A favorite quote of mine, “Strangers are only friends we have yet to meet,” is not always true. I was watching the news as a young mother was telling of a failed abduction of her young son. It happened near his home. It appears that another young boy, though older than her 10 year old son, was being used by two adults in the car to grab a child! I thought I had seen it all when people were using their children to help steal from stores.
This is nothing new. So often I hear people say that in the older days, things like this just didn’t happen. Either the crimes are forgotten or the news didn’t spread like it does today with all of our technology. I believe it is our technology today that spreads the news almost as it happens.
Most of my young life was spent living on army posts. Before my father was sent to Korea, I attended three different schools in the first grade. We had good times running and playing, much freer than today. My own children were given a lot of freedom. When I look back at giving them so much freedom, it frightens me. Someone was watching over us.
I entered first grade in Ft. Bragg, N.C., moved to Atlanta for a short time, next to Ft. Sill, OK, returned to Ft. Bragg to finish first grade. When I was entering second grade, we moved to Columbus, Ga., and remained while my father served in Korea. You might have read my story about his homecoming. Strangers were a constant part of my life.
Living on army posts, I had the run of the fort, frequently riding my bike quite a distance to the officer’s pool during summer. In fact, I rode my bike everywhere. I did ride the school bus, but when I had Girl Scout meetings, I would ride a bike to have a way home. My parents’ rules of going with or even talking to a stranger were embedded in my mind.
I remember several instances where I obeyed those rules even when they could have been put aside. A time such as when my father sent a private to pick me up at the doctor’s office. I don’t remember how that was resolved, but I do know I wouldn’t go with him until I learned it was okay from an adult I knew. There was the night my mother and I were running (literally) late to my dance class. We both fell. Immediately a man standing nearby helped my mother up and swooped me up before I knew it. She had to explain why I was kicking and screaming for him to put me down while he was trying to help me. I still understand in those situations, it is better to be wary than to make the wrong choice.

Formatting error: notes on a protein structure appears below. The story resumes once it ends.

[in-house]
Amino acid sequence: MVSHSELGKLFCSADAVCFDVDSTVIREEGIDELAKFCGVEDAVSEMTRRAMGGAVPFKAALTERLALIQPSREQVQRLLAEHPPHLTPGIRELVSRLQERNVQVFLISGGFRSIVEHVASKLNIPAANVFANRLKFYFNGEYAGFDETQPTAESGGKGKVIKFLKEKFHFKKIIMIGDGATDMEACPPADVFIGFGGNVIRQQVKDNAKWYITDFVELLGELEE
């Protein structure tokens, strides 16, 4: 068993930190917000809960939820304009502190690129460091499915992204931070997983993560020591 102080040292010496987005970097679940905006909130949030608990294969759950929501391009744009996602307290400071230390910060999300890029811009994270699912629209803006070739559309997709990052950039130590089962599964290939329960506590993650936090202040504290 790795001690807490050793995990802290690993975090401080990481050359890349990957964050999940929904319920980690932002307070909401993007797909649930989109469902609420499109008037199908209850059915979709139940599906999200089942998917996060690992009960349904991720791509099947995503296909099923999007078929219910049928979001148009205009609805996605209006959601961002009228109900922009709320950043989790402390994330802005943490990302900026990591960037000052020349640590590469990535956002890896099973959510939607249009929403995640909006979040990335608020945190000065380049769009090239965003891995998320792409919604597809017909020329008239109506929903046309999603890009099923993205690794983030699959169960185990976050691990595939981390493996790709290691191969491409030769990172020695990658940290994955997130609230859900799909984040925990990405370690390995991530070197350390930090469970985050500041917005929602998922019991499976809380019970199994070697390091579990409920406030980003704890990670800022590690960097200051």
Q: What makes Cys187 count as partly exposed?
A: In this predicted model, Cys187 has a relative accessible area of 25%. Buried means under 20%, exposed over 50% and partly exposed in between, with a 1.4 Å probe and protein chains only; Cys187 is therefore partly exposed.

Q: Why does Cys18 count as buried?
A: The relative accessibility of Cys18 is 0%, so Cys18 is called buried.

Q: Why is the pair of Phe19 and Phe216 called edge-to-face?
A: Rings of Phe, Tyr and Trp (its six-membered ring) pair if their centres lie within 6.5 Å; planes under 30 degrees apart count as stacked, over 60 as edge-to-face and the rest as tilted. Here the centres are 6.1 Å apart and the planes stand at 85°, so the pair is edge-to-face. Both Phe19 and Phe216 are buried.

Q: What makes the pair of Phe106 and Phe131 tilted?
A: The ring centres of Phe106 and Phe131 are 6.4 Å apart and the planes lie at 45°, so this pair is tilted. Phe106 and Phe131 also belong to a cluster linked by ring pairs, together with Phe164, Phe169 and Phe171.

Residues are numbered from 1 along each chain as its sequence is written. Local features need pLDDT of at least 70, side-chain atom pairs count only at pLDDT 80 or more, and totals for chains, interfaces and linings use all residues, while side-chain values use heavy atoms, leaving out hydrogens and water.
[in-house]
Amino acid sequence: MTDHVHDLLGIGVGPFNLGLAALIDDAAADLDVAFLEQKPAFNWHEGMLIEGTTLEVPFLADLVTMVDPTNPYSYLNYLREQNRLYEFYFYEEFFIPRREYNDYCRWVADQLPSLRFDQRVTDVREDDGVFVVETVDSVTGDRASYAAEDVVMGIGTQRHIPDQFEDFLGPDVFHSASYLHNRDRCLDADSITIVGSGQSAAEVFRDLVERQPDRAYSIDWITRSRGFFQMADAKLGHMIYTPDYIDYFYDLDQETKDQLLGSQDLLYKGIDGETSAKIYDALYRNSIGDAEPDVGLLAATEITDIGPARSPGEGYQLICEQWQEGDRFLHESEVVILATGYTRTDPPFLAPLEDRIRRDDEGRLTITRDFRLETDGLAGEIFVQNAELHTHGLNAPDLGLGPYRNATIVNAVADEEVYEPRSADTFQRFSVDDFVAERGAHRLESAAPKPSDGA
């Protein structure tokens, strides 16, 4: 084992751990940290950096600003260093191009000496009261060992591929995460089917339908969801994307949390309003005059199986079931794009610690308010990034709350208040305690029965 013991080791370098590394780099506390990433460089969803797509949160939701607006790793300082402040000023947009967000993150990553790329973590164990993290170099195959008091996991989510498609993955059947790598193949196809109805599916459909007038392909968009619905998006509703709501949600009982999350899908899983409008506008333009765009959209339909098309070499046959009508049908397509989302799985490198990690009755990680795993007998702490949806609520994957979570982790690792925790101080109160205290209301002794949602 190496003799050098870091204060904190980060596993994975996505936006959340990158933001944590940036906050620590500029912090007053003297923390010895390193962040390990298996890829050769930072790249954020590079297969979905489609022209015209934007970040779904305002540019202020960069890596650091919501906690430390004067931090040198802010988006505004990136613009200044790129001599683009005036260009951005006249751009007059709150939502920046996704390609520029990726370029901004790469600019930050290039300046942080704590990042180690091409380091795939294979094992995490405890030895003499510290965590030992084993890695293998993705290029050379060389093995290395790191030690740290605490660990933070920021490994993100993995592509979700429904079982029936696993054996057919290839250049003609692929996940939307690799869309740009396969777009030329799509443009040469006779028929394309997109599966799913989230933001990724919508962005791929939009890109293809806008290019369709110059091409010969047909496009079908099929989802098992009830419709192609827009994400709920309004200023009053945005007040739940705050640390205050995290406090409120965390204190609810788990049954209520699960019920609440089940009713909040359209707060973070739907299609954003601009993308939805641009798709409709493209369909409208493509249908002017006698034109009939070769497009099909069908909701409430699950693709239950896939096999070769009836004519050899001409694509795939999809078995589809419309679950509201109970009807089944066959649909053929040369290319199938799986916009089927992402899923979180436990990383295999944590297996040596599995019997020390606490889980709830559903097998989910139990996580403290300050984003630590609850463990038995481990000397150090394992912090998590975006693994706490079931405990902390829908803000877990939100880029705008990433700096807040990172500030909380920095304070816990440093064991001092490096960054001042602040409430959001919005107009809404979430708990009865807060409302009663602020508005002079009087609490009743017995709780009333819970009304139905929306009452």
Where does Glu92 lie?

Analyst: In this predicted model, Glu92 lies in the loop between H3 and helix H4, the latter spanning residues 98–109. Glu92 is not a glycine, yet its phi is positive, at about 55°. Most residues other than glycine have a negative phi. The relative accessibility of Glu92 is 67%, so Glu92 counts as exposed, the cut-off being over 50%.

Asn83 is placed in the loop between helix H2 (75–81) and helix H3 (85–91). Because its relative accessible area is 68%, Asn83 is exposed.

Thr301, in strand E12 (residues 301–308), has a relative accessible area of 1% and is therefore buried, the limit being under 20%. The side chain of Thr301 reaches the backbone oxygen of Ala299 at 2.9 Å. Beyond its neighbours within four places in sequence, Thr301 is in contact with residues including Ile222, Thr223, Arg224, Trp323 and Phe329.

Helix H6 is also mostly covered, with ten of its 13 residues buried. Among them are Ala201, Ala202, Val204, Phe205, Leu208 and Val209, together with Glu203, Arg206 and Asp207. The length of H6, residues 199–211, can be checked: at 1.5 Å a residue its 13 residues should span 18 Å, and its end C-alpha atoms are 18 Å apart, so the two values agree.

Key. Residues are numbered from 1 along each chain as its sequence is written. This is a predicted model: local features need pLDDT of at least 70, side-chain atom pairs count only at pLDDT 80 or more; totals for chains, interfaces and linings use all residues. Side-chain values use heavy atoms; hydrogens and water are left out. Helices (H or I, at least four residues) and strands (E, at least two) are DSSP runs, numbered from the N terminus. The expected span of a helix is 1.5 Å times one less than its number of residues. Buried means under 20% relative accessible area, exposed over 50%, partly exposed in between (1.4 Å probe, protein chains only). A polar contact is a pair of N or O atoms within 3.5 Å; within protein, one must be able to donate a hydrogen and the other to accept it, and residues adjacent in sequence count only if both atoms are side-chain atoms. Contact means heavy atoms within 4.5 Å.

Another memorable experience during first grade in Oklahoma was when a friend and I were walking home from school in pouring rain. I had on a raincoat, my friend was without, so I handed her my umbrella. Along came a car, stopping for us to get in. They were her parents, but I didn’t know them, so I refused. My friend got into the car, along with my umbrella. I was pretty soaked by the time I got home. When I explained what happened and why I didn’t have my umbrella, my mother understood. She did hesitate in saying they were our neighbors and the parents of that little girl. It would have been alright for me to ride home with them.
My hope is that all parents stress to their children that strangers have no good intentions when asking a child to go with them. As many abductions as we see in the news, this lesson will be one of the most important they learn, such as the words from this young man’s parents were heeded and allowed his escape from abductors. I could see through the trauma of this incident, the look of gratitude and pride on the mother’s face for her son’s quick actions, remembering his parent’s warnings. Let us all do the best we can to protect our children.
Jimmie retired from Henry Co. Senior Services in Stockbridge, where she managed Hidden Valley Senior Center and resided for 38 years. She uses her newfound time writing (for The Times) and enjoying life!